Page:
City budget: Public hearing March 5
Creston’s city budget, which is subject to final approval after a public hearing March 5, includes $1.5 million to begin infrastructure work on the Cottonwood subdivision despite slight cuts in overall city revenue.
Revenue for the city of Creston has decreased slightly because, for one thing, the property-tax levy has gone down by 57 cents per $1,000 of assessed valuation, from $13.52 to $12.95. The estimated property tax revenue for fiscal year 2014 is $2,209,372 compared to $2,280,388 in fiscal year 2013. Total estimated revenue is $14.8 million compared to $15.4 million this year. Mike Taylor, city administrator, also attributes the decrease in revenue to a lack of grants available and the end of existing grant programs.
“We’ve got plans to do a bond issue for Cottonwood,” Taylor said.
As development plans for the Cottonwood subdivision come together, Creston City Council will eventually vote on how to fund the infrastructure and whether or not they plan to seek a bond.
The proposed city budget is $16,330,337, or 5 percent less than the current fiscal year’s budget, which City Administrator Mike Taylor contributes to conservative spending.
The proposed $16.3 million spending plan for the new fiscal year beginning July 1 also includes funds for replacement equipment for Creston Parks and Recreation and water waste treatment plant, parts for Creston Fire Department’s new fire truck, facility improvements to the city’s animal shelter and community pool, road surface repairs, historic structure survey of city hall, new computer equipment for city personnel such as Creston Police Department, an increase in library book funds and an archery program.
Culture and recreation are facing a serious reduction this year in comparison to last, but it is not what you think.
“Part of that is misleading,” said Taylor. “A tornado hit and we had a million dollars worth of damage to the YMCA, which (the building) is owned by the city. And we had expenses in 2013 that won’t be there (in the current budget).”
The same reductions in revenue and and expenditures appear now that the Water Works department, which is part of the city budget, is no longer working on the 12-mile and Summit Lake projects.
“There’s not a whole lot of change in this budget,” said Taylor. “There are no drastic reductions, no cuts to programs or staffing.”
“It’s been quite some time since we have restored city hall,” said Taylor. “There is some wear and tear on the building, especially on the back side.”
Because Creston’s Restored Depot is a historic building, the city seeks to sign a contract to perform a historic structure survey of the building. Taylor said the survey, which will cost approximately $9,000, will help the city prepare specifications and understand what kind of repairs are needed to keep it historic. One engineering firm has already put together a proposal for the depot restoration project to the tune of $90,000. The survey will help determine what needs to be done and what projects are priority.
“We think that because it is a historic building and tourists visit, it would make good use of some tourism money,” said Taylor. “It may not cost the taxpayers anything.”
Proposals are also being made to add upgrades to Creston’s pool.
“We are going to do a few things,” said Taylor. “The biggest expense is a new roof on the pool.”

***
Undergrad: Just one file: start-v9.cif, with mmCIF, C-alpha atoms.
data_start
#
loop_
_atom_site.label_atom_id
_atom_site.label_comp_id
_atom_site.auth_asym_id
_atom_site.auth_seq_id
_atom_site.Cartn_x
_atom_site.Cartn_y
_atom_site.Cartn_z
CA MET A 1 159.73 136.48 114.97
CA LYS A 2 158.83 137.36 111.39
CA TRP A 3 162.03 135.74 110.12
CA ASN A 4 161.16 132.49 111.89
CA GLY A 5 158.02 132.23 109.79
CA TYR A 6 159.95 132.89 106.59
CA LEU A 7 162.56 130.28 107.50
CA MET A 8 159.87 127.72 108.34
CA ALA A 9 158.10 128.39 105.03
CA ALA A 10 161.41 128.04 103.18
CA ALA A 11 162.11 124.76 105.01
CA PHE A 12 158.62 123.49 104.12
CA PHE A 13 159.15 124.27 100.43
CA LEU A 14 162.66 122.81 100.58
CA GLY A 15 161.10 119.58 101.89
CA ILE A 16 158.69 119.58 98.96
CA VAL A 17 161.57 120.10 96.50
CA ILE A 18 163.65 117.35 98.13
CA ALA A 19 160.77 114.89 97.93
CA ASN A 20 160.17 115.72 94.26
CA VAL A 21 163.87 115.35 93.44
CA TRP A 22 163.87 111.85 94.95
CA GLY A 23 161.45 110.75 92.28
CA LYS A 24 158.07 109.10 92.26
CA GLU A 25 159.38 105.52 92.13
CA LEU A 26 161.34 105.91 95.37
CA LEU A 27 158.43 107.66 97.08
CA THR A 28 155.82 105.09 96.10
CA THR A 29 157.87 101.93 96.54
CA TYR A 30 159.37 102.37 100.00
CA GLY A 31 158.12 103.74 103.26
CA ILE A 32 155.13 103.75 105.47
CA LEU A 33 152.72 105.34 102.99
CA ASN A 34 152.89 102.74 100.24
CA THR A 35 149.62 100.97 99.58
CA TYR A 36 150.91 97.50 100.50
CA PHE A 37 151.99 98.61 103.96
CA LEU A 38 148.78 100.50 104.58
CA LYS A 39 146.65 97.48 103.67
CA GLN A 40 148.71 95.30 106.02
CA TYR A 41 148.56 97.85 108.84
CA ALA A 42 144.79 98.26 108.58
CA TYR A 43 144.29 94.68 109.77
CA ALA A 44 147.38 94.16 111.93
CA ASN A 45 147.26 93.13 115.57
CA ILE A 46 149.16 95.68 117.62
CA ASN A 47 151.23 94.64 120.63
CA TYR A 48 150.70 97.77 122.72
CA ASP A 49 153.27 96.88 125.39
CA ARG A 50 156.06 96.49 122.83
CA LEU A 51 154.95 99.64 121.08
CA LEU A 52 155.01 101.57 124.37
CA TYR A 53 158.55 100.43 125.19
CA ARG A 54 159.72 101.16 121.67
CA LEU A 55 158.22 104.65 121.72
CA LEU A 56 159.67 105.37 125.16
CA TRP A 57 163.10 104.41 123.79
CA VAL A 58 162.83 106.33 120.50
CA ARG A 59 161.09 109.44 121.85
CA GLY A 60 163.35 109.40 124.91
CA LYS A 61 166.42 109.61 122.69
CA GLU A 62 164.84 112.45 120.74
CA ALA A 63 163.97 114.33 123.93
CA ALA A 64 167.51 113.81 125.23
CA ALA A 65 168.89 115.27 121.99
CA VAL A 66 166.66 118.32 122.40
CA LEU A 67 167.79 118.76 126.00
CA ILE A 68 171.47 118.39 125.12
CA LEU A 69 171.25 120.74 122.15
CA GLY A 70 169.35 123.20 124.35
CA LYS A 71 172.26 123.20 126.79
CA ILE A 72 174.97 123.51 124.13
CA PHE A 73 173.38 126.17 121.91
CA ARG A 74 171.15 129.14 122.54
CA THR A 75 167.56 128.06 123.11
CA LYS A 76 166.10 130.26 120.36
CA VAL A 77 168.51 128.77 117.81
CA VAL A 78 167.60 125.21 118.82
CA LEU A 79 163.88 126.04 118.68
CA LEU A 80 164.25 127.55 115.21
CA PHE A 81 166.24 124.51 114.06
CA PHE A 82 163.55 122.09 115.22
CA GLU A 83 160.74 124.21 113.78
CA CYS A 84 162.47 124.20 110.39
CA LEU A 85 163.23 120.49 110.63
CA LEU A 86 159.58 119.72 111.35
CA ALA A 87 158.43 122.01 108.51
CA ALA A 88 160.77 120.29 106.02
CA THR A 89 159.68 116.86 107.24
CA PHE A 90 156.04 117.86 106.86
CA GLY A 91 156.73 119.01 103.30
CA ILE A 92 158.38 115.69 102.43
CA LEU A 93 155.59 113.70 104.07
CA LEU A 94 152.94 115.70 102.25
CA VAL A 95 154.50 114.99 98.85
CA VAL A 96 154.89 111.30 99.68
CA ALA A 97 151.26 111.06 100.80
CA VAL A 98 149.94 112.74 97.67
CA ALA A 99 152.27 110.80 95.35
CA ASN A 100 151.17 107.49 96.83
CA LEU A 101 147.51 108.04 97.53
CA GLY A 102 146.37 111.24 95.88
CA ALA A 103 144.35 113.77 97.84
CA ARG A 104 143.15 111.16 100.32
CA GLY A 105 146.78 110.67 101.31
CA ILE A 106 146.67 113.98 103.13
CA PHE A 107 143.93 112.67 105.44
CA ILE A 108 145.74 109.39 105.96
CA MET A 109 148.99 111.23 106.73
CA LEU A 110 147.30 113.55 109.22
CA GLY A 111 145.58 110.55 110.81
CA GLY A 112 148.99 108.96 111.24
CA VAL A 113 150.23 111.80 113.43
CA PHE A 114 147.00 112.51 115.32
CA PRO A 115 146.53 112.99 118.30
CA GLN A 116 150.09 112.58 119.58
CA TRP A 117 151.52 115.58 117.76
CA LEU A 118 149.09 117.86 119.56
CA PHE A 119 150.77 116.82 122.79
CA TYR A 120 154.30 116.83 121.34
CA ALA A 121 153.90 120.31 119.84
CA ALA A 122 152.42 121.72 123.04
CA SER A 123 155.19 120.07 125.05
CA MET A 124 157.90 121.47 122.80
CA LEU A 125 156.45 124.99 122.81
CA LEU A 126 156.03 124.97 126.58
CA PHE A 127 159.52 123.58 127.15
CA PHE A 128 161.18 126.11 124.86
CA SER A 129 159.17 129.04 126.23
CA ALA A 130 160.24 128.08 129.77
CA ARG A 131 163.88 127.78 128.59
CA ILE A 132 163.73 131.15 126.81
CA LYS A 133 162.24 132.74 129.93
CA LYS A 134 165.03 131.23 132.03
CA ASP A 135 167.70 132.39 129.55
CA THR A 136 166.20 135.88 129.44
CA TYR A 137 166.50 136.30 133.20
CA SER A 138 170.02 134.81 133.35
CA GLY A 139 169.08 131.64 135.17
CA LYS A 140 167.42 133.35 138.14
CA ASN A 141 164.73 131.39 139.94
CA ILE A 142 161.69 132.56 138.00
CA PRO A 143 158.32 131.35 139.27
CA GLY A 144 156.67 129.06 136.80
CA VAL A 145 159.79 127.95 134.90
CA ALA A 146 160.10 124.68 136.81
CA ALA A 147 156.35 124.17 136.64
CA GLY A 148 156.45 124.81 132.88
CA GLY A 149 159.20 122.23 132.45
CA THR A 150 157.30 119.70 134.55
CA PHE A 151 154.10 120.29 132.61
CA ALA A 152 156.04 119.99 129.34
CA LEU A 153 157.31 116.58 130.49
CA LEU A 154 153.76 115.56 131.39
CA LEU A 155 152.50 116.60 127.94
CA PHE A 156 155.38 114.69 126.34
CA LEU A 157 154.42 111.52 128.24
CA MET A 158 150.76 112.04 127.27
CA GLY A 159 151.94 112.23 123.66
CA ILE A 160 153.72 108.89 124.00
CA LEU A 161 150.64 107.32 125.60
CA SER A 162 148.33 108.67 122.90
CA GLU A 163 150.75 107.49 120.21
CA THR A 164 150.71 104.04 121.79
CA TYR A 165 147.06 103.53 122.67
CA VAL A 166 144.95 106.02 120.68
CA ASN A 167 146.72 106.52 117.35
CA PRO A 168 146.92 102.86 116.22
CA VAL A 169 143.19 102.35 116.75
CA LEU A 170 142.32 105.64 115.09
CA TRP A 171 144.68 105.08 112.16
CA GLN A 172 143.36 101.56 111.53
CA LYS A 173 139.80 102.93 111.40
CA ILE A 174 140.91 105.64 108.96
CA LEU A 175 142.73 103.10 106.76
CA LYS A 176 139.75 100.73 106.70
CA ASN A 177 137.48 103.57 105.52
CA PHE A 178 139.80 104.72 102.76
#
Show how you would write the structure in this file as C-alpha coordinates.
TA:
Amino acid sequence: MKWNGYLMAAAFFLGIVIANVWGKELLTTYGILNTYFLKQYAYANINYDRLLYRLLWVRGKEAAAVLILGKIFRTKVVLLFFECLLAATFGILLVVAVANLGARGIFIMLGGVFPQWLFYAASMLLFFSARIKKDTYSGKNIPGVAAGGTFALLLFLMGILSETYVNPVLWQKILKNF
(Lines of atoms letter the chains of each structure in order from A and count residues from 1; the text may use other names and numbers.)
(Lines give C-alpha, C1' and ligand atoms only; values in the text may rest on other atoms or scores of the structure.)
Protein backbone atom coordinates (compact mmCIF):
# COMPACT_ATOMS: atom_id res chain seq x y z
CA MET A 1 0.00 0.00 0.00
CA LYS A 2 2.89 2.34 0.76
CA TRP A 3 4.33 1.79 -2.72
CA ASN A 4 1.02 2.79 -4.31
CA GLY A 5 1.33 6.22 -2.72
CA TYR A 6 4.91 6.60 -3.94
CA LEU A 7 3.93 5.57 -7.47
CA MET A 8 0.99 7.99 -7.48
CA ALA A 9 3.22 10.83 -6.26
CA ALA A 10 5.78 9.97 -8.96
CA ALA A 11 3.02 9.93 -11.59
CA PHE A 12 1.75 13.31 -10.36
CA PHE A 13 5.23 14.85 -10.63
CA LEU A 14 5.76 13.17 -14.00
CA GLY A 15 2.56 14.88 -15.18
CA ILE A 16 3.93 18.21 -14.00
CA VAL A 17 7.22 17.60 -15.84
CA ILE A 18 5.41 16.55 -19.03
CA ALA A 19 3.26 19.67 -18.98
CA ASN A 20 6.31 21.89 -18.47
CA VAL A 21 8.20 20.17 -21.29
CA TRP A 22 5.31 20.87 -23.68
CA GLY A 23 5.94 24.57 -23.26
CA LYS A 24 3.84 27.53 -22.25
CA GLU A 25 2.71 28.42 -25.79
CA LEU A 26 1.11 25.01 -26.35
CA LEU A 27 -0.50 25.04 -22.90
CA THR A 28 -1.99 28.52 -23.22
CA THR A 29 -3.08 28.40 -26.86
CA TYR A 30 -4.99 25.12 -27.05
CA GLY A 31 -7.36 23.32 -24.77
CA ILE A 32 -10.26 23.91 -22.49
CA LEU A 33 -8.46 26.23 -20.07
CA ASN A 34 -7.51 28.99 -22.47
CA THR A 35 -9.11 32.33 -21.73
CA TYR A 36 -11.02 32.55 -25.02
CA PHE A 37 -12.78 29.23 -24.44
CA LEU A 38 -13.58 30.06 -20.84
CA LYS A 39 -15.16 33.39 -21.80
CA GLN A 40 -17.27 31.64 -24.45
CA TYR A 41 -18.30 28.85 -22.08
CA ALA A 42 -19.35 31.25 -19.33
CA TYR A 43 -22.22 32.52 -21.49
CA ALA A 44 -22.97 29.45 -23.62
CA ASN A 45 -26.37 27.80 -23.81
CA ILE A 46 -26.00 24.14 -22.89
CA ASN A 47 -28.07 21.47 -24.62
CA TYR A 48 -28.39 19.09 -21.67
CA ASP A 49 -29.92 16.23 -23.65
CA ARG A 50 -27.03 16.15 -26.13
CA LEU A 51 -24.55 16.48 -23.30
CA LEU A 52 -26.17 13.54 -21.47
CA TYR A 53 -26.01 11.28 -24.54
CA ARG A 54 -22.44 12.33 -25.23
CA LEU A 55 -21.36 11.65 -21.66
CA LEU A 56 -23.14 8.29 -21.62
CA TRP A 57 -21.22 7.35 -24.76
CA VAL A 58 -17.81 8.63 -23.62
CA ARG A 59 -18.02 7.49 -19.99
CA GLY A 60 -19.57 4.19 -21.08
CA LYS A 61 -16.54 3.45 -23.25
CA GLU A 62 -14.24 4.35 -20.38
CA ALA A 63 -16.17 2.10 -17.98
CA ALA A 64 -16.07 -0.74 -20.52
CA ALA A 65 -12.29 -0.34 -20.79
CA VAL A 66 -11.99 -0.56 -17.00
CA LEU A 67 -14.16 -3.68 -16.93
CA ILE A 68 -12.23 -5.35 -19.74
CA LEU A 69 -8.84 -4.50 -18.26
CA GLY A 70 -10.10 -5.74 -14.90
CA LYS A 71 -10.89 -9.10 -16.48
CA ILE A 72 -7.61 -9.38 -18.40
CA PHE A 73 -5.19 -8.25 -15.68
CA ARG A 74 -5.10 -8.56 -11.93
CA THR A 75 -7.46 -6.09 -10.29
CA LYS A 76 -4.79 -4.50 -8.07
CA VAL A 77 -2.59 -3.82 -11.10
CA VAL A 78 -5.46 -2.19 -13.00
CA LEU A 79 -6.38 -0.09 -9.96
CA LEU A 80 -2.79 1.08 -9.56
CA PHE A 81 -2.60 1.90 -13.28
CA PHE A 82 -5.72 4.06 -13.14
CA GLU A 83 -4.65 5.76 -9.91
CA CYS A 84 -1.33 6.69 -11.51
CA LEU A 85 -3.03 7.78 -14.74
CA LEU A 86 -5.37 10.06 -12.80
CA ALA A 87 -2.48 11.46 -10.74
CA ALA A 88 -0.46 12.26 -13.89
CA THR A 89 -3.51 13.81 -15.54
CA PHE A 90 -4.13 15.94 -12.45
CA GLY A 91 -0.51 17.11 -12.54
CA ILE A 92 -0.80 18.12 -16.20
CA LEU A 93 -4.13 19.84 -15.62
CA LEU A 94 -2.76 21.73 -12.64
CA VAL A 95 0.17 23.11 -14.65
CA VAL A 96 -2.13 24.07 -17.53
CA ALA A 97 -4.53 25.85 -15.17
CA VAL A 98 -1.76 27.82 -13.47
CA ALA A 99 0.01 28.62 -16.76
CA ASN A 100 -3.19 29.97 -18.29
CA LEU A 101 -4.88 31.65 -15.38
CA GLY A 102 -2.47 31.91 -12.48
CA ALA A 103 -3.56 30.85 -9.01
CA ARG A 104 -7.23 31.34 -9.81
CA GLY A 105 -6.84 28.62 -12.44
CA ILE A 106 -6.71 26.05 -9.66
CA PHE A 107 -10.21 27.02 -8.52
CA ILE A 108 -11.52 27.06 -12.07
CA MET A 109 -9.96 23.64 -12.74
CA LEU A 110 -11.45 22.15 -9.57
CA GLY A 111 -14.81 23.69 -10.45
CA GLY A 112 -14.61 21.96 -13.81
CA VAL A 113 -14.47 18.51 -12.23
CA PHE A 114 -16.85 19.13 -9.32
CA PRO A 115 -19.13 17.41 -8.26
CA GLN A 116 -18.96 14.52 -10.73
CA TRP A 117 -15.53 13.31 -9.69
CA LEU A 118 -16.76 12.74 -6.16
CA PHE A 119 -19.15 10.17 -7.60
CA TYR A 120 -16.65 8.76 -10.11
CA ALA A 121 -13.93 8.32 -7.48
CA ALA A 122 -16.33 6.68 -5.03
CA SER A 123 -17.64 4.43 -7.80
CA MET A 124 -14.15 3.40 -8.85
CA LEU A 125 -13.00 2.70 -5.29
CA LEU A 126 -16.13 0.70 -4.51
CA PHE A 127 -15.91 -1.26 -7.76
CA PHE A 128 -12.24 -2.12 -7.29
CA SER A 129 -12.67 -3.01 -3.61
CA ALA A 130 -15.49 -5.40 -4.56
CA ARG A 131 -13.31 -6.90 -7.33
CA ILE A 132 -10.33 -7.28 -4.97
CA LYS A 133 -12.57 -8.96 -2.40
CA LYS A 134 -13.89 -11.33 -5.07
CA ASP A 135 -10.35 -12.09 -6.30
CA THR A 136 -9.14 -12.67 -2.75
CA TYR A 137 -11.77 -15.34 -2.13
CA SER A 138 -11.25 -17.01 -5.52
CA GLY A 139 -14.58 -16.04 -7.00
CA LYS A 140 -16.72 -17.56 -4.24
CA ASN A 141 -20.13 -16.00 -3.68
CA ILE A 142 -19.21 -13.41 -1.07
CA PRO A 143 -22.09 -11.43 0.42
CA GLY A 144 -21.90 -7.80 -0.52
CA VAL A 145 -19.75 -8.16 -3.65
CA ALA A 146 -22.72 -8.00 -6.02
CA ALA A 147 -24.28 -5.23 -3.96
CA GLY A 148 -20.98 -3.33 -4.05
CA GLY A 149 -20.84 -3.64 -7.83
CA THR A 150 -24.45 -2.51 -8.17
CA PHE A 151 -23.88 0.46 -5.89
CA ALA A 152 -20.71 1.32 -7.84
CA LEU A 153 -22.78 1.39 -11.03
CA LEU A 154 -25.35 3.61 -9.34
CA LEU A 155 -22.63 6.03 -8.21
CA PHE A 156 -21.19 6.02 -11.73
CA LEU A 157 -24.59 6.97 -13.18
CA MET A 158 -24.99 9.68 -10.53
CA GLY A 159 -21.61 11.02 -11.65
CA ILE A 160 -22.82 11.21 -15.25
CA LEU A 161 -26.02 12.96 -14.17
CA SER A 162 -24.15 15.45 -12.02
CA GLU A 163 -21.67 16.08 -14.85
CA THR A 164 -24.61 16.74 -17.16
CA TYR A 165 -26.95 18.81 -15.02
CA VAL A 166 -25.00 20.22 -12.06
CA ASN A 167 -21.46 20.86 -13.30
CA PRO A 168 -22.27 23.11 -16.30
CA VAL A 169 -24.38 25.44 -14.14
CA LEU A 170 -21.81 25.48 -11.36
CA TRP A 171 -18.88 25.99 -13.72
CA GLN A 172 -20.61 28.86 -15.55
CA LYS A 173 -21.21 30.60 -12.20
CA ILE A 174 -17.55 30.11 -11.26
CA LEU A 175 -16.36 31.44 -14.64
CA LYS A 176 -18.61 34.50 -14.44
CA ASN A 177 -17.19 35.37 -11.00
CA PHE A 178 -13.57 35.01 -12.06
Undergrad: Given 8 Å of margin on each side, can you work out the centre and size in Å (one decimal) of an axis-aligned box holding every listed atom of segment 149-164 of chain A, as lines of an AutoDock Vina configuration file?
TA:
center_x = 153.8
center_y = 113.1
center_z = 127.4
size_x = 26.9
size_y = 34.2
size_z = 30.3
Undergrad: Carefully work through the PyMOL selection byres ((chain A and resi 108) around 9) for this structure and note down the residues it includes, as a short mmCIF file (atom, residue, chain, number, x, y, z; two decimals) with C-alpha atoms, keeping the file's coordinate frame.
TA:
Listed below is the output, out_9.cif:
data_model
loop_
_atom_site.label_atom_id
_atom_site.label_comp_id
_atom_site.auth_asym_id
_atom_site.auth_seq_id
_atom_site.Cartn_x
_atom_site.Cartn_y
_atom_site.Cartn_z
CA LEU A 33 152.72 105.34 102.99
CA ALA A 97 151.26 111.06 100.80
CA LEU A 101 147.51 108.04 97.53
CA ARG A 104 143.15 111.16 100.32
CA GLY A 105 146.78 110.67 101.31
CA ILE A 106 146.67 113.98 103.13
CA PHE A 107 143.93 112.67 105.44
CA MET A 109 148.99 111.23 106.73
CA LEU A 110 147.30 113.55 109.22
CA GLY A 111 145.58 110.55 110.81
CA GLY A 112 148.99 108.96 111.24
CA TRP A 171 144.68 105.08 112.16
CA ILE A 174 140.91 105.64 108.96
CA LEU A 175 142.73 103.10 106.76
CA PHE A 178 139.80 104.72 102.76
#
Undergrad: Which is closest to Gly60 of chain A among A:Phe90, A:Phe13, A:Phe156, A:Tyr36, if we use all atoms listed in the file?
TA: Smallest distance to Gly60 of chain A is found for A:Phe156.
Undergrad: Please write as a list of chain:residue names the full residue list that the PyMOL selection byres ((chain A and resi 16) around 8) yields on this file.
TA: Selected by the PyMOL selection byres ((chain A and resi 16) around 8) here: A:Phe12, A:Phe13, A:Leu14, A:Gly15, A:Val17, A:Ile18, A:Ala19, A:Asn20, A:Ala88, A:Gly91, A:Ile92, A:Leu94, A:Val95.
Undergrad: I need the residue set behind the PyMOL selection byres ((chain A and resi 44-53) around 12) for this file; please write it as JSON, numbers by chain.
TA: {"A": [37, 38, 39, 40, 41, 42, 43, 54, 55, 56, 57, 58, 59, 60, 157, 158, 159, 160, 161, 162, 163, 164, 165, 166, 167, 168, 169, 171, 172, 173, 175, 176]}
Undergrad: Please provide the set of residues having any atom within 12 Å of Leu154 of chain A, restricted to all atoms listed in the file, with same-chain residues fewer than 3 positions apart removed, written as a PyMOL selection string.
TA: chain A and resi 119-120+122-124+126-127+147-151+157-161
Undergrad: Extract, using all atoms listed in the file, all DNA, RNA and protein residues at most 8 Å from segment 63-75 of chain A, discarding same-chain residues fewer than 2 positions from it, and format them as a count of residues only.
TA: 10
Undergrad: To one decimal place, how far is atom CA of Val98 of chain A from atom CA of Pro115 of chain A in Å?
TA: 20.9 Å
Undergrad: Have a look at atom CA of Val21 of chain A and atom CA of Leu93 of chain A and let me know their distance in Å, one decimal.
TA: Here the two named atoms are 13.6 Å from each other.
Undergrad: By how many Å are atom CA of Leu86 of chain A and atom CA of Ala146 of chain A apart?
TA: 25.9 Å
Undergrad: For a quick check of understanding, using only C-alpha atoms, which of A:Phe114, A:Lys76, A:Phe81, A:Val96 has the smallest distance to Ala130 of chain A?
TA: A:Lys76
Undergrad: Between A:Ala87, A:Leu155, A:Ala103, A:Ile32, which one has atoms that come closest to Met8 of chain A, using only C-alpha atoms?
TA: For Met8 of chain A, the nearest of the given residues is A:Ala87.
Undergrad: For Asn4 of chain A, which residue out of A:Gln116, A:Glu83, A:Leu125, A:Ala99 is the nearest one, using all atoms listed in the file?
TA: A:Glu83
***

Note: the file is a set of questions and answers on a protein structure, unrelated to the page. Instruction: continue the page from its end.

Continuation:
According to Taylor, additional shade at the pool has been a frequent request. Because of this, the city has budgeted for a 20- foot, semi-permanent umbrella.
“We are also going to roof on some of the shelter houses in the park,” he added.
Improvement projects will also hit the streets of Creston.
The road repair budget has been increased slightly, which is funded by road-use tax and some local option sales tax.
“We did 50 blocks last year of oil and tar on local roads and there’s another 200 blocks that need to be done,” said Taylor.
According to Taylor, some roads with curbs have just been asphalted over, causing the curb to disappear. With no curb, water runs off the edge and damages the foundation of the road.
While not all 200 roads will be prepared this year, Iowa State University will perform a road-surfacing-conditions study to prioritize which of the roads are in most need of improvements.
Culture and recreation
According to Taylor, Gibson Memorial Library used to have a book budget of $20,000, which has been reduced over the years.
“This year we are proposing an increase from $9,000 to $13,500,” said Taylor.
At the Parks and Recreation Department, an archery program on the south end of McKinley Lake is in the works.
“We’ve worked with our insurance people and think we have a place picked out,” said Taylor. “It won’t be very expensive, but I bet we get quite a bit donated.”
Police and fire
Police and fire departments will see a 4 percent increase in their retirement funds this year, which is state mandated.
Additionally, the city is looking to upgrade its computer equipment, which includes the law enforcement center.
“The current one is over seven years old,” said Taylor. “We’ve already extended and really pushed it.”
Approximately $20,000 has been allocated to upgrade equipment at city hall and Union County Law Enforcement Center. Part of that will be spent on a new system for police business, such as real-time reporting and license plate checks right from squad cars.
“The public can ask questions and we are here to explain,” said Taylor.
Taylor said, if there is enough objection, the only thing that can be done is to reduce the budget.
“When it comes down to it, the levy (on property taxes) is coming down,” said Taylor. “But expenses just keep going up and up.”
The city budget public hearing will be held during Creston City Council’s regularly scheduled meeting ….. p.m. Tuesday at the restored Creston Depot. Copies of the budget are available at city hall or Gibson Memorial Library.